In the present study, the metabolism of two coastal lagoons (Imboassica and Comprida) was simultaneously evaluated in a 24 hour cycle. The chosen lagoons differ considerably in their concentrations of dissolved organic carbon, light penetration and primary producers (Tab. 1).




The two lagoons studied are located in the municipalities of Carapebus and Macaé respectively (22o and 22o 30’S and 41o 30’ and 42o W), State of Rio de Janeiro (Fig. 1). The Comprida lagoon (area of 0.13 km2) has dark waters and a depth of 1.8 meters and the Imboassica lagoon (area of 3.26 km2) has clear waters and depth of 1.1 meters. The later lagoon has received an influx of domestic effluents rich in P and N which are, however, retained in the littoral region (Lopes-Ferreira, 1995). It had a dense stand of Chara sp. during our samplings.



The region’s climate is AW type, according to the Köppen classification, warm and humid, mesothermic, with heat well distributed throughout the year, with a maximum average temperature of 29.9 oC in February and minimum average of 25.4 oC in July (FIDERJ, 1977). The greatest amount of rainfall occurs in spring and summer, the smallest being detected in the winter months. According to the classification of Kjerfve (1986) the geomorphological type of these lagoons is "choked lagoons" (Branco, 1998).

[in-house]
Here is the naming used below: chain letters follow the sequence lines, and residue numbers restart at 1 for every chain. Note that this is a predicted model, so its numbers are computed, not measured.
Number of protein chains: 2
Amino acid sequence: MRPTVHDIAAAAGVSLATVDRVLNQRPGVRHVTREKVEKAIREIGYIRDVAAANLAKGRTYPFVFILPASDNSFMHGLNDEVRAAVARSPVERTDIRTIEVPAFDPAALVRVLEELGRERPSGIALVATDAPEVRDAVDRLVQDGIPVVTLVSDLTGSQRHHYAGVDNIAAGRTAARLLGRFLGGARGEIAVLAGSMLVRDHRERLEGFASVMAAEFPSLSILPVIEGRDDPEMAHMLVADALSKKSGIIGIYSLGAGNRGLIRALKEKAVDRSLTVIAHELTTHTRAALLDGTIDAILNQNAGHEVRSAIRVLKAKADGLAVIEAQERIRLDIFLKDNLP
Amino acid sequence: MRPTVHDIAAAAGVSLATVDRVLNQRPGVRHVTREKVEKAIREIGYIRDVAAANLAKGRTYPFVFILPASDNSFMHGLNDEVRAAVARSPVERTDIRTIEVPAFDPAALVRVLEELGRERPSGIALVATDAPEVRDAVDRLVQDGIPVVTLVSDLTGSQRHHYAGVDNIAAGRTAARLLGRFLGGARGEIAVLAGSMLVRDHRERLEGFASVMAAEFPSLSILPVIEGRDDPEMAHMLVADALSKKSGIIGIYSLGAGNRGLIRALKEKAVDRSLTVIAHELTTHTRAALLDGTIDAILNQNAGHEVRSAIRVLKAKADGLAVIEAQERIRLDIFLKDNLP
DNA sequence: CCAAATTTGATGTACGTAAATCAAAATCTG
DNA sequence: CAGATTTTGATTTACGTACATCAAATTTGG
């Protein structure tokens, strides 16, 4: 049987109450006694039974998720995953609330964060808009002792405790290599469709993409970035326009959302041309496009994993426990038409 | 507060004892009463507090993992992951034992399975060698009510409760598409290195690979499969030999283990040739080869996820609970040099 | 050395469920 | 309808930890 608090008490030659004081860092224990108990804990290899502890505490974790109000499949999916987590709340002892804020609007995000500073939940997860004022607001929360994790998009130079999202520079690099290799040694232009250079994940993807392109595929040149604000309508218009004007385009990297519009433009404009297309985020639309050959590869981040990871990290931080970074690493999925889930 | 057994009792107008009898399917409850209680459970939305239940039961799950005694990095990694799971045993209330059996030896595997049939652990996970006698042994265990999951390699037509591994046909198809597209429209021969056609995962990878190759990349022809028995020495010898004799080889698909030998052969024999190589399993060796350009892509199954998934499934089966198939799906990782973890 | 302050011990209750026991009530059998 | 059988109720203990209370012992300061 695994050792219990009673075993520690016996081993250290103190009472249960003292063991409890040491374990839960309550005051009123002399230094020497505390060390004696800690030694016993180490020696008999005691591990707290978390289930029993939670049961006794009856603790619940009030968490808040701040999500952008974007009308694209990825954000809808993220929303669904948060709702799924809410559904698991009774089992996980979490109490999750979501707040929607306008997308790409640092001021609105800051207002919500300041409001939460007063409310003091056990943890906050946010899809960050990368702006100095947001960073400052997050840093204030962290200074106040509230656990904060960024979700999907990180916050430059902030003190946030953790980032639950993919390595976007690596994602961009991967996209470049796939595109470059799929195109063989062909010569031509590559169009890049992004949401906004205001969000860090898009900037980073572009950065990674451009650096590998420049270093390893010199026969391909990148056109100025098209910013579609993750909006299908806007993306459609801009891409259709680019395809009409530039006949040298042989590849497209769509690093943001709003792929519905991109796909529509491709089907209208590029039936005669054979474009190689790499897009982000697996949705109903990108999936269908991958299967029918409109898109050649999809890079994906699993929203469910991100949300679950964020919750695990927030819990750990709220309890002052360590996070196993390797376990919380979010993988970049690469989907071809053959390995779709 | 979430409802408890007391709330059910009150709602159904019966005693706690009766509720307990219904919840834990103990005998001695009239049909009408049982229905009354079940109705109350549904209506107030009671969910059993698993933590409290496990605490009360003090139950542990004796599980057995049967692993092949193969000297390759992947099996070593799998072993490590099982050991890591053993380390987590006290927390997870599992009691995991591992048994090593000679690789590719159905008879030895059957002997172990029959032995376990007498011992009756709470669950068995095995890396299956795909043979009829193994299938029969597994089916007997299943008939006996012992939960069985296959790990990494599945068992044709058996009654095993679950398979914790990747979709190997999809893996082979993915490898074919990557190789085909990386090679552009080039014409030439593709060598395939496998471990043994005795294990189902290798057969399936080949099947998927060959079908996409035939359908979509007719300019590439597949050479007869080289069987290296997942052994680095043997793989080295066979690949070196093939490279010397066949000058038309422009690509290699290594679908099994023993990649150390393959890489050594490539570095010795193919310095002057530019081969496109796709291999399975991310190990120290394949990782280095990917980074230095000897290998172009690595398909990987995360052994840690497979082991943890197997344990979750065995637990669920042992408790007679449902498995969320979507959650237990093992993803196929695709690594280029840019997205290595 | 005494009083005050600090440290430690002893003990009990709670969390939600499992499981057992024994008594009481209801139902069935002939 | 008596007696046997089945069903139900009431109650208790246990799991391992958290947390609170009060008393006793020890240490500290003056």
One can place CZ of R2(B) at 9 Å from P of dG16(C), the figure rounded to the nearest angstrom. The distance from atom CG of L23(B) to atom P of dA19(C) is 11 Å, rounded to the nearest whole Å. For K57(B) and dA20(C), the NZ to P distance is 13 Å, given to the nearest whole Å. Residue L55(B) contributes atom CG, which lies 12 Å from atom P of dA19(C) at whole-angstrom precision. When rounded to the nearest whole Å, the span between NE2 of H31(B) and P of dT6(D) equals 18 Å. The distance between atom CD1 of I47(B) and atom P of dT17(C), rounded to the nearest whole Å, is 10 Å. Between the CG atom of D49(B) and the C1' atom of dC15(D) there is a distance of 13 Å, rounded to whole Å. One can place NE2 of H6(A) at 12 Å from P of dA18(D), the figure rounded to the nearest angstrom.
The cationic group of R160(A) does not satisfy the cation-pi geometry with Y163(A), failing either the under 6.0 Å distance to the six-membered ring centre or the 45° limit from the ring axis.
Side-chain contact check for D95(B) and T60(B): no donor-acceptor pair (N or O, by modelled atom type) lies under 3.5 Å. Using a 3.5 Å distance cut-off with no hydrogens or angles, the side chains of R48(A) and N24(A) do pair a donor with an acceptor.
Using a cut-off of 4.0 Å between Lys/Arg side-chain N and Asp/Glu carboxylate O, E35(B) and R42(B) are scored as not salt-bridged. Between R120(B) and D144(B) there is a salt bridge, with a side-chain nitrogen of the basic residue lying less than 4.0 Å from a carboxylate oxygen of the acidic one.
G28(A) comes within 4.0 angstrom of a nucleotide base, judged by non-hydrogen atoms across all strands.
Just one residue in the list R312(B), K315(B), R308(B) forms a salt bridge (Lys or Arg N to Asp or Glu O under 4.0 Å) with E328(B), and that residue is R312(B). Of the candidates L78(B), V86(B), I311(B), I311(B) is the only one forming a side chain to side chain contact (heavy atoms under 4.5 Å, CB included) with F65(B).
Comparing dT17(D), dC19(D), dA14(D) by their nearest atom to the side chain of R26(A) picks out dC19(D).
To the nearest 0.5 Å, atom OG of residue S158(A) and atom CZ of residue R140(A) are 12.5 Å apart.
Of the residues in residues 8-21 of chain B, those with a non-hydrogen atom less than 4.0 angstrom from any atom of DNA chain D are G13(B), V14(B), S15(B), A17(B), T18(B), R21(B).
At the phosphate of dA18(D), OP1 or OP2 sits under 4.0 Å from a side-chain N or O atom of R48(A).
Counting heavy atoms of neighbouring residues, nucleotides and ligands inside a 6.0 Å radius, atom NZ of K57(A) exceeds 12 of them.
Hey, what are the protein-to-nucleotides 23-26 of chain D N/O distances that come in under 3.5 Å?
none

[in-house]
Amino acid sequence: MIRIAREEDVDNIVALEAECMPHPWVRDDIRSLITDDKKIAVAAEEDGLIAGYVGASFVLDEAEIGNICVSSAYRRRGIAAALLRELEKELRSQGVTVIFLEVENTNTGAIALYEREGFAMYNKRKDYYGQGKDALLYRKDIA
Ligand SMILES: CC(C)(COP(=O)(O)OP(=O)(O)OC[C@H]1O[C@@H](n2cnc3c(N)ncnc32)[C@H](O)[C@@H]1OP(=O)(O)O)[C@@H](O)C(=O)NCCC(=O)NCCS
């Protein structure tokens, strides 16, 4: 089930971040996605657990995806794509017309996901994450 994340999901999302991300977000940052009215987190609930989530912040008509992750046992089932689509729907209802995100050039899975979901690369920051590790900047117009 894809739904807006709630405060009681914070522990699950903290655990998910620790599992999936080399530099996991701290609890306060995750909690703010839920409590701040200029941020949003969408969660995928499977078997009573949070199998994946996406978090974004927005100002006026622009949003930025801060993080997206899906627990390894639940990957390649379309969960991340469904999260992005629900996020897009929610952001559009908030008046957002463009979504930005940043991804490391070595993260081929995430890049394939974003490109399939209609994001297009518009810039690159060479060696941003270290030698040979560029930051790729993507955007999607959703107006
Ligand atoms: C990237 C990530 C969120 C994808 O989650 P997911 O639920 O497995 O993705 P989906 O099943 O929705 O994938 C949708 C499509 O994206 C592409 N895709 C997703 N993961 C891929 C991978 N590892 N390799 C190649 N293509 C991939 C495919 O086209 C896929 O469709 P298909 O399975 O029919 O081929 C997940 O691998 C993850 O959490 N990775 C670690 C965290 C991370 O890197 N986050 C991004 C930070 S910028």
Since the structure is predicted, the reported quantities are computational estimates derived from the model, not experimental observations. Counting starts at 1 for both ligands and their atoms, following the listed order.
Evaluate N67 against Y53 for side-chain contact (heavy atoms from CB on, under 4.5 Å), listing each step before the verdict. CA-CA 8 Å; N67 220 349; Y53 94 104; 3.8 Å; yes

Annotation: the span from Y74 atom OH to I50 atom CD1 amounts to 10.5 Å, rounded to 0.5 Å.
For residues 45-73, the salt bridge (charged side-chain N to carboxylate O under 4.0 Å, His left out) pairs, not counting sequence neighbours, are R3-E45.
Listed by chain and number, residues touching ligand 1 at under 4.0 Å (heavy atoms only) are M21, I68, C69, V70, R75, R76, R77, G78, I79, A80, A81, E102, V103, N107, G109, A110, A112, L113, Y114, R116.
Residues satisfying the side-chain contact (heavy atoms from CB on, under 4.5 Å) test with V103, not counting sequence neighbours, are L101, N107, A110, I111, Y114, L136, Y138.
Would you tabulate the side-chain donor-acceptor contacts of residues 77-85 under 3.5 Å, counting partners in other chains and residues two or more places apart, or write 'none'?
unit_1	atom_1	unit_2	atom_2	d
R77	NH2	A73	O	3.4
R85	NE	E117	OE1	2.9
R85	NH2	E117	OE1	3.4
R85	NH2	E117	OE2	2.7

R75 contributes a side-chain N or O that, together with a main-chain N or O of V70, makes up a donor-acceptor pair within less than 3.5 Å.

The light penetration – photosynthetically active radiation – was measured with a Lycor aquatic radiometer. The method used for measuring the metabolism of the lagoons ("free water", according Carmouze, 1994), is based on the daily curves of the concentrations of total inorganic carbon dioxide and of the dissolved oxygen. This method, introduced in the beginning of the 50’s (Odum, 1957; Talling, 1957), has as main advantages the non-incubation of samples in flasks and the fact that the result represents the communities as a whole (planktonic and benthic) (Knoppes, 1994). This approach is especially valid in the case of Imboassica lagoon, colonized by Chara sp. The metabolism of the two ecosystems was evaluated with the data obtained in four samplings, realized simultaneously in both lagoons, at 18:00 on 08.19.1997 and at 06:00, 12:00 and 18:00 on 08.20.1997. The simultaneity of the samplings and the proximity of the lagoons, exposed to the same conditions of temperature, wind and solar radiation, favors comparisons between these systems.